By Karen Brode
It was so hot that the summer day shimmered in front of Winnie’s eyes. She wiped sweat out of her eyes over and over, but it kept coming back. She bent to pick a perfect cotton boll near the ground. Her hoe handle was beginning to get rough from so much use, and she would have to wrap some duct tape around it to keep from getting splinters.
She stood up to stretch her back and she saw Hazel farther down on the next row. Hazel was so thin. Winnie feared that she might be pregnant again. Her sister-in-law wasn’t a strong person and she worried that she might not be able to carry another baby. Besides, no baby could be as perfect and wonderful as dear sweet little Kenneth. Winnie smiled just thinking of him back at her mother’s house playing with his little cars and trucks in the sand. Effie had felt like going outside in the shade and watching him so that Winnie, her daddy, and Albert and Hazel could pick cotton and make some extra money. Winnie was always ready to make a little extra money. She worked hard all year and she didn’t slow down in the summer. Hard work was what kept people going through all the trials of life.
As these thoughts played through her mind, she looked up to see that Hazel had dropped back so that she was across from Winnie.
“That river sure looks inviting this afternoon.” Hazel said. Winnie nodded and dropped her hoe. Nothing would feel better than getting in the river and cooling off.
She and Hazel both wore long dresses and bonnets which would seem to make them hotter, but actually helped them keep cool. The dresses were calico prints they had bought when they went shopping in Bonham. A lot of their house dresses were made from flour sacks, but these were made of fabric from a store. Albert and his dad were almost to the other end of the cotton field, so the ladies walked toward the river by themselves.
The river was calm and when Winnie stuck her foot in, she could feel the relaxation take over. Hazel followed her into the river and soon they were splashing each other with water and wading farther out. They were about waist deep when suddenly Winnie disappeared. Hazel screamed and looked all around for Winnie. Hazel couldn’t swim, but she went in the direction that she last saw Winnie, and suddenly, she too, went underwater.
When Winnie felt Hazel beside her, she pushed her further down and came up to the surface of the water.
“Help!” She screamed when she could gather her breath. “Daddy! Albert! Help us now!” But then she was back under, and Hazel was crawling up Winnie to get to the surface.
Hazel put her arms on Winnie’s shoulders, pushing her down. She came up to the surface. “Albert! Albert!”
Albert and John Hawk were already at the river’s edge and they saw two bonnets floating in the middle of the river.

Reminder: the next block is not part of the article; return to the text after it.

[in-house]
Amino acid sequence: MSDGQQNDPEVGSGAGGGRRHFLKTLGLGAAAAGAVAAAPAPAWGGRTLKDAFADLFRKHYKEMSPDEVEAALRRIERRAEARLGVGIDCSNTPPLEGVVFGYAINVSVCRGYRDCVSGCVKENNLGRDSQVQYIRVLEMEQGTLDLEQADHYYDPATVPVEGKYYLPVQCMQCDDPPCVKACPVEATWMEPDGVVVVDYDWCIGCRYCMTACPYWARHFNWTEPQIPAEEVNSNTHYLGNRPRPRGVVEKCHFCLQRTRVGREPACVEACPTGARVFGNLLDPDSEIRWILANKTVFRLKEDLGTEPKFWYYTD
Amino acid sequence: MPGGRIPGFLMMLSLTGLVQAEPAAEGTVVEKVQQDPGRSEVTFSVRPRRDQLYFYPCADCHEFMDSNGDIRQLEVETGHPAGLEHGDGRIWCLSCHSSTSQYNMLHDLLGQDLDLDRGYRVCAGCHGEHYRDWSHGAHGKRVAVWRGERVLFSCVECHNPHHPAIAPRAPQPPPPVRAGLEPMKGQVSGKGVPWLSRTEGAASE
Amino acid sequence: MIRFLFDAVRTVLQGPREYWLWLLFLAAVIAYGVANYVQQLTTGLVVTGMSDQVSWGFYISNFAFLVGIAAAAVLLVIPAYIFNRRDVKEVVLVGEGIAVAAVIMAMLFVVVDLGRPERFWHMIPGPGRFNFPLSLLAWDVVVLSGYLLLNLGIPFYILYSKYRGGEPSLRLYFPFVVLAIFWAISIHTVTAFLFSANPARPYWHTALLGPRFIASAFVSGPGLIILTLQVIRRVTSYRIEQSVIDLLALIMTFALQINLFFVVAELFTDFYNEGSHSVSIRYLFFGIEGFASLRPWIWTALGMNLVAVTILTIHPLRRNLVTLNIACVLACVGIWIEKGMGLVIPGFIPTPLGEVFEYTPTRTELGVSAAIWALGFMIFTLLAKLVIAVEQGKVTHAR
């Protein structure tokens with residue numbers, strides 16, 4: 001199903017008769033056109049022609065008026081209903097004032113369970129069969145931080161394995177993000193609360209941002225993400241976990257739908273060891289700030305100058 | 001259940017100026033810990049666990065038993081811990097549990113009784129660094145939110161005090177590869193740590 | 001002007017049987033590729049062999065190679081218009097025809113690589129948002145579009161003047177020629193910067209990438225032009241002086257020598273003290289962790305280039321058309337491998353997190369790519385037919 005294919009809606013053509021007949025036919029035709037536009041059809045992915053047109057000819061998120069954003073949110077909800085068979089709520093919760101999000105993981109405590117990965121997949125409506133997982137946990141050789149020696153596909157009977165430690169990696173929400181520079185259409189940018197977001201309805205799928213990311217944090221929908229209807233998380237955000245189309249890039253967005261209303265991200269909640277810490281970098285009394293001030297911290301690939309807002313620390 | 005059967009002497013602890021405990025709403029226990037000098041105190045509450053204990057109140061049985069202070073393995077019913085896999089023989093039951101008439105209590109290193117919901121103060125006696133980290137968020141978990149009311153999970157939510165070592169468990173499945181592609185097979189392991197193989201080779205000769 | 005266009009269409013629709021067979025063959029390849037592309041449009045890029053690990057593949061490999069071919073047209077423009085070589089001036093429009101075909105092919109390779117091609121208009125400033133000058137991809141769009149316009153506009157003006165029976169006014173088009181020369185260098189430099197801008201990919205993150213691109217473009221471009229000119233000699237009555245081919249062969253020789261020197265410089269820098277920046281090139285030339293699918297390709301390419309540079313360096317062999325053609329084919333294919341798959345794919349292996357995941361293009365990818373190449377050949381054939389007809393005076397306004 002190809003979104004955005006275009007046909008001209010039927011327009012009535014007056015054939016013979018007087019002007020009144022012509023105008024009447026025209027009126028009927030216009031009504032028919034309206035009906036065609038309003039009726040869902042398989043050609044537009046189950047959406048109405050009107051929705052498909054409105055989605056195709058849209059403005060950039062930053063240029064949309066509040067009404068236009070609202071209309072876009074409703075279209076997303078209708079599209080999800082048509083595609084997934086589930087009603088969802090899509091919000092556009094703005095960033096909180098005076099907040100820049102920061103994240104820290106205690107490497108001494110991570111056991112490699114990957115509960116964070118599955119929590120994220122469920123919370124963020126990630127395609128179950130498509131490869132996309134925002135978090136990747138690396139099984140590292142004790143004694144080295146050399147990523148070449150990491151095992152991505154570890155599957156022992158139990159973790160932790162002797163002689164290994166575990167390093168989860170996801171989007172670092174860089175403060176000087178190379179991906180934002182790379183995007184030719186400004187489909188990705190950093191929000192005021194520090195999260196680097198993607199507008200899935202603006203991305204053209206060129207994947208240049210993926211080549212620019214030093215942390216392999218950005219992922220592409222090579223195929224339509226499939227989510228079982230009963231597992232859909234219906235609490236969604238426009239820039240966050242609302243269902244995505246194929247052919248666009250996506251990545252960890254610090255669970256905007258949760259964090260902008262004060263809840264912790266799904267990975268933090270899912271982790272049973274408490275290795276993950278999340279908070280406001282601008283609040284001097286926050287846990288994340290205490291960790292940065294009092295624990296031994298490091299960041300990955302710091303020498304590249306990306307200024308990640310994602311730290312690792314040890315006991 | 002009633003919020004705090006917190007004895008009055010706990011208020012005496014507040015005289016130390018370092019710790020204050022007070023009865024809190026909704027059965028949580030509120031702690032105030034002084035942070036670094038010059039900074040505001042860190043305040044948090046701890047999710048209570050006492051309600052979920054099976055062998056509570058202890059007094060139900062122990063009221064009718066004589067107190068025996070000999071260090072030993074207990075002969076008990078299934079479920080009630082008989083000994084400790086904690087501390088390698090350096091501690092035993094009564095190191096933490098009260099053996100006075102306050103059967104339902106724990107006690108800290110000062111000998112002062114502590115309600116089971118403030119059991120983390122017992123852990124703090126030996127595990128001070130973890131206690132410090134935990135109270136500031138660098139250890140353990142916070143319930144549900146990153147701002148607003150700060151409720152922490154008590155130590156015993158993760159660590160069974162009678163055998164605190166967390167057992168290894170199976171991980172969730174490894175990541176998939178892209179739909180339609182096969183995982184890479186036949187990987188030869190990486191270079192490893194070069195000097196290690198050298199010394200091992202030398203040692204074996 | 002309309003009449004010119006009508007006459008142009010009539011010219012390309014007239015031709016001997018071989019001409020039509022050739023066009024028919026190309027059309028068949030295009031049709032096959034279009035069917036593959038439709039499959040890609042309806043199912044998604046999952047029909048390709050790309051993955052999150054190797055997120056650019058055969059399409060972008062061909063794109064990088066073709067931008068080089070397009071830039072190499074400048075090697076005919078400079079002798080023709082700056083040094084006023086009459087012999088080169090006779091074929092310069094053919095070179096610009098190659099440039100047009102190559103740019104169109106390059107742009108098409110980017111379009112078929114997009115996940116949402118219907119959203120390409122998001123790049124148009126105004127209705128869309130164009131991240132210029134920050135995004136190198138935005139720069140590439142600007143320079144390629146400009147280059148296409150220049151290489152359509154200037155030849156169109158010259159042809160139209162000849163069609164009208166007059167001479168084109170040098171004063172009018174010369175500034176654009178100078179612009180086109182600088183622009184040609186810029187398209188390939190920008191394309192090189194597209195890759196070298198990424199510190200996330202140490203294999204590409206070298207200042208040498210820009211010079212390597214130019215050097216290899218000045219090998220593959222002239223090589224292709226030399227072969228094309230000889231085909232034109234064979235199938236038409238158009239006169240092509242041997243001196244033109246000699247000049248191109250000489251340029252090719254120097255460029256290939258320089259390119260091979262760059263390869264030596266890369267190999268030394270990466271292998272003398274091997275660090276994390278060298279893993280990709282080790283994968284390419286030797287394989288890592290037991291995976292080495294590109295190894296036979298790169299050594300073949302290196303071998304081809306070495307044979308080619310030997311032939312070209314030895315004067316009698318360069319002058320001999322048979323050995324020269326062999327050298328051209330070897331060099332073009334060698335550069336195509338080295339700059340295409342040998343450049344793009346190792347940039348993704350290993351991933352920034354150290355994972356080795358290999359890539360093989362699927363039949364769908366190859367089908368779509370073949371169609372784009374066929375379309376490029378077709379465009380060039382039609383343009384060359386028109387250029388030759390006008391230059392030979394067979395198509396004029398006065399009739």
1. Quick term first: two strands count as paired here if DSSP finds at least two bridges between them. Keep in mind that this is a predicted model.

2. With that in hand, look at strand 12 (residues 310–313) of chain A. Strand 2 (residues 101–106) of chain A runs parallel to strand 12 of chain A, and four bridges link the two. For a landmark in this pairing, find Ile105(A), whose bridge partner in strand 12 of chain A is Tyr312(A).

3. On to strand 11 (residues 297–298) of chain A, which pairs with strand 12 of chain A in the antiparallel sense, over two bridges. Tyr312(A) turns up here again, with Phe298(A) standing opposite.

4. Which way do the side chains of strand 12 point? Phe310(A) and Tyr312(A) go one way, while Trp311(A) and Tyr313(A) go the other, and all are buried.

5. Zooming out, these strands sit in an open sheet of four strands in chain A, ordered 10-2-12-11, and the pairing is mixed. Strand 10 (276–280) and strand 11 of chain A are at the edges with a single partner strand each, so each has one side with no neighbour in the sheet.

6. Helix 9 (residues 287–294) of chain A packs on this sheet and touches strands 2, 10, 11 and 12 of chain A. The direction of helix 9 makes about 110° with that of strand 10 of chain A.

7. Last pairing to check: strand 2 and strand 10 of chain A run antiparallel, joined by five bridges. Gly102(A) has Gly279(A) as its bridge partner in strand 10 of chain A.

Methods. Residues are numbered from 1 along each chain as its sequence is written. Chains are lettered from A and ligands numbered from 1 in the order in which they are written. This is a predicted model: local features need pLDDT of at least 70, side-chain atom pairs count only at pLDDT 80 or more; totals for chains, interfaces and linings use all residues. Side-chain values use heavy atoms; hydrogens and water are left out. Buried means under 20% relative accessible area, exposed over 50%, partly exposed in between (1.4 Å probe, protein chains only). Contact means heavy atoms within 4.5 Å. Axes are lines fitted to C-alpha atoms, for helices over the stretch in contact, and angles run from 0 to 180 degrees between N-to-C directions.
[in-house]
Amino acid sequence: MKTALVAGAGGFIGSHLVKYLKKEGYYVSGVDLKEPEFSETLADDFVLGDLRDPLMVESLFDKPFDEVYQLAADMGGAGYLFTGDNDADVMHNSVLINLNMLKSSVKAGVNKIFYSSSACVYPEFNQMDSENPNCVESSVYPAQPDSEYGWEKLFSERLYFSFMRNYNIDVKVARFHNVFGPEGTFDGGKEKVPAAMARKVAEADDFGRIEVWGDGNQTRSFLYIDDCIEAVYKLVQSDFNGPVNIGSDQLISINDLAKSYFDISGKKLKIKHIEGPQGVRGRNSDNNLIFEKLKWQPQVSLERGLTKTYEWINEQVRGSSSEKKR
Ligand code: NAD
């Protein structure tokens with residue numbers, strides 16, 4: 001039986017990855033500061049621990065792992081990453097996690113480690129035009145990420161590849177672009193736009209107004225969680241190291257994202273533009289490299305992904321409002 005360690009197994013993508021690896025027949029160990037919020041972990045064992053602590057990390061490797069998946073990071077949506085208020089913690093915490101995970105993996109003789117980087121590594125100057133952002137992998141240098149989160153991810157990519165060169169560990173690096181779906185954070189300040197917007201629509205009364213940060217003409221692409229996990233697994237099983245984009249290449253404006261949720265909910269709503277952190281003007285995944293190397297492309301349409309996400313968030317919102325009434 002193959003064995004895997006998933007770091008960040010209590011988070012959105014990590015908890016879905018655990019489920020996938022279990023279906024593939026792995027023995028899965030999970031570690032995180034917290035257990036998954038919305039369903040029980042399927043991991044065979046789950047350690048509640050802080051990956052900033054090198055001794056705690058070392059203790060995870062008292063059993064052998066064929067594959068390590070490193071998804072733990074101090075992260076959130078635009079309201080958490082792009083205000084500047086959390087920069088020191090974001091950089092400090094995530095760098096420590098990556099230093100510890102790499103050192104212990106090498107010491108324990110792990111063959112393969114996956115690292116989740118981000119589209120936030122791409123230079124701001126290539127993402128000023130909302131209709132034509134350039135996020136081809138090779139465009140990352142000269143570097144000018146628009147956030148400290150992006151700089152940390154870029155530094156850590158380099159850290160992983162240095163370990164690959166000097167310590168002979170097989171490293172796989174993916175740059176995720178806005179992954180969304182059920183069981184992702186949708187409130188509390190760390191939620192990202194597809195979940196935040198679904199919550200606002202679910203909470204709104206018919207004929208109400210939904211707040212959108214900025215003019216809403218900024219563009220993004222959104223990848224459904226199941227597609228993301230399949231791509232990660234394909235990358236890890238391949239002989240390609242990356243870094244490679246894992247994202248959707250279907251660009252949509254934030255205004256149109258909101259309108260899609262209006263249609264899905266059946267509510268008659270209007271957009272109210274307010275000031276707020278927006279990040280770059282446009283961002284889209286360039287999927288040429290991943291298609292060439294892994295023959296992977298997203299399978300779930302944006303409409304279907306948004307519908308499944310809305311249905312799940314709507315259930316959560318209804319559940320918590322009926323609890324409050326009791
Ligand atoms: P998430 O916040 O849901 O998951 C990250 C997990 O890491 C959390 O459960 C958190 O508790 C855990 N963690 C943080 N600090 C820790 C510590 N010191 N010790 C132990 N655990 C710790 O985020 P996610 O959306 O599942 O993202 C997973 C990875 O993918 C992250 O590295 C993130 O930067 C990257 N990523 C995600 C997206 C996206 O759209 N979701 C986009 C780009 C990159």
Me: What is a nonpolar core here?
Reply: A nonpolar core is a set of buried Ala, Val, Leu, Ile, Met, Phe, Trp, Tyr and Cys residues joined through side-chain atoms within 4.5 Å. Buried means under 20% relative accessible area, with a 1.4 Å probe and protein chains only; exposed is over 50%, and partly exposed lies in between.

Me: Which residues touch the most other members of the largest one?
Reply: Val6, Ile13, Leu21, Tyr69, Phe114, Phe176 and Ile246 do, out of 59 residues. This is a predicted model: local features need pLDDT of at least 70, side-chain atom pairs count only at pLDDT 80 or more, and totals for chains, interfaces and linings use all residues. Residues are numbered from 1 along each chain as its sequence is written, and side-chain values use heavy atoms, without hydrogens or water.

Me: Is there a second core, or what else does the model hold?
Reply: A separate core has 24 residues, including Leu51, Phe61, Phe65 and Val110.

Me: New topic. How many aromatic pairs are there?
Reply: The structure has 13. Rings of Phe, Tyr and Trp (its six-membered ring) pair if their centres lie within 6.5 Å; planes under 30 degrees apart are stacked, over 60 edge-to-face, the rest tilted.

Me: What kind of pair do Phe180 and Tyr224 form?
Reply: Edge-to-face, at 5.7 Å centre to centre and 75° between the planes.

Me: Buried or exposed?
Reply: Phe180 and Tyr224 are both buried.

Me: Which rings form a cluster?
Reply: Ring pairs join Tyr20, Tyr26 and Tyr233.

“Oh Lordy, son, we’ve got to get them out! You get Winnie Fay and I’ll get Hazel.”
Albert dove into the water and went straight to Winnie and began to pull her out but Winnie was beginning to drown. She hit Albert and wouldn’t let him get hold of her. In her mind, Albert had come to finish her off, to push her farther down into the deep, dark river where she would never see the light of day again.
Finally, Albert turned Winnie around so that he could grab her from the back and he began to swim toward the bank. The water was only deep in the middle of the river. Albert was able to walk after only a few feet of swimming. He dragged Winnie up onto the bank and began to do the chest compressions that he had learned as a firefighter. Soon, Winnie spit up a lot of river water, and began to breathe again.
Albert then turned his attention to Hazel. He saw her lying on the bank but his dad was standing in the river up to his chest. Albert ran to Hazel, and she was breathing but very, very tired and shaken, so he ran back to Winnie who seemed to have gotten the worst of it.
Albert looked down at Winnie and said, “You know you owe me now. I saved your life!” Even though Winnie was still unable to do anything but breathe she smiled. She turned over on her side, and felt like going to sleep right there on the river bank. She would never want to go swimming again.
Albert went back to Hazel, and saw that she was sitting up now. “Good grief, Hazel, what were y’all thinking?”
“We just wanted to cool off and dip our feet in the water,” Hazel answered.
Albert looked at his father standing chest deep out in the river.
“Come on, Dad. Let’s get these girls home!”
“Son, you take them home and I’ll just stay here awhile.”
“What’s wrong with you, Dad?” Albert asked in frustration.
His father looked down the river before responding. “She ripped my overalls right off me, and I don’t have anything on underneath. The last I saw of my overalls they were headed toward Bonham!”
Karen Brode grew up in Denison, TX and graduated from Denison High School in 1972. She took courses at Southeastern Oklahoma State University and worked in a church office for 25 years. She and her husband, Gary, have been married 39 years and they have one son, Brandon. Karen’s hobbies are writing, sewing, and gardening.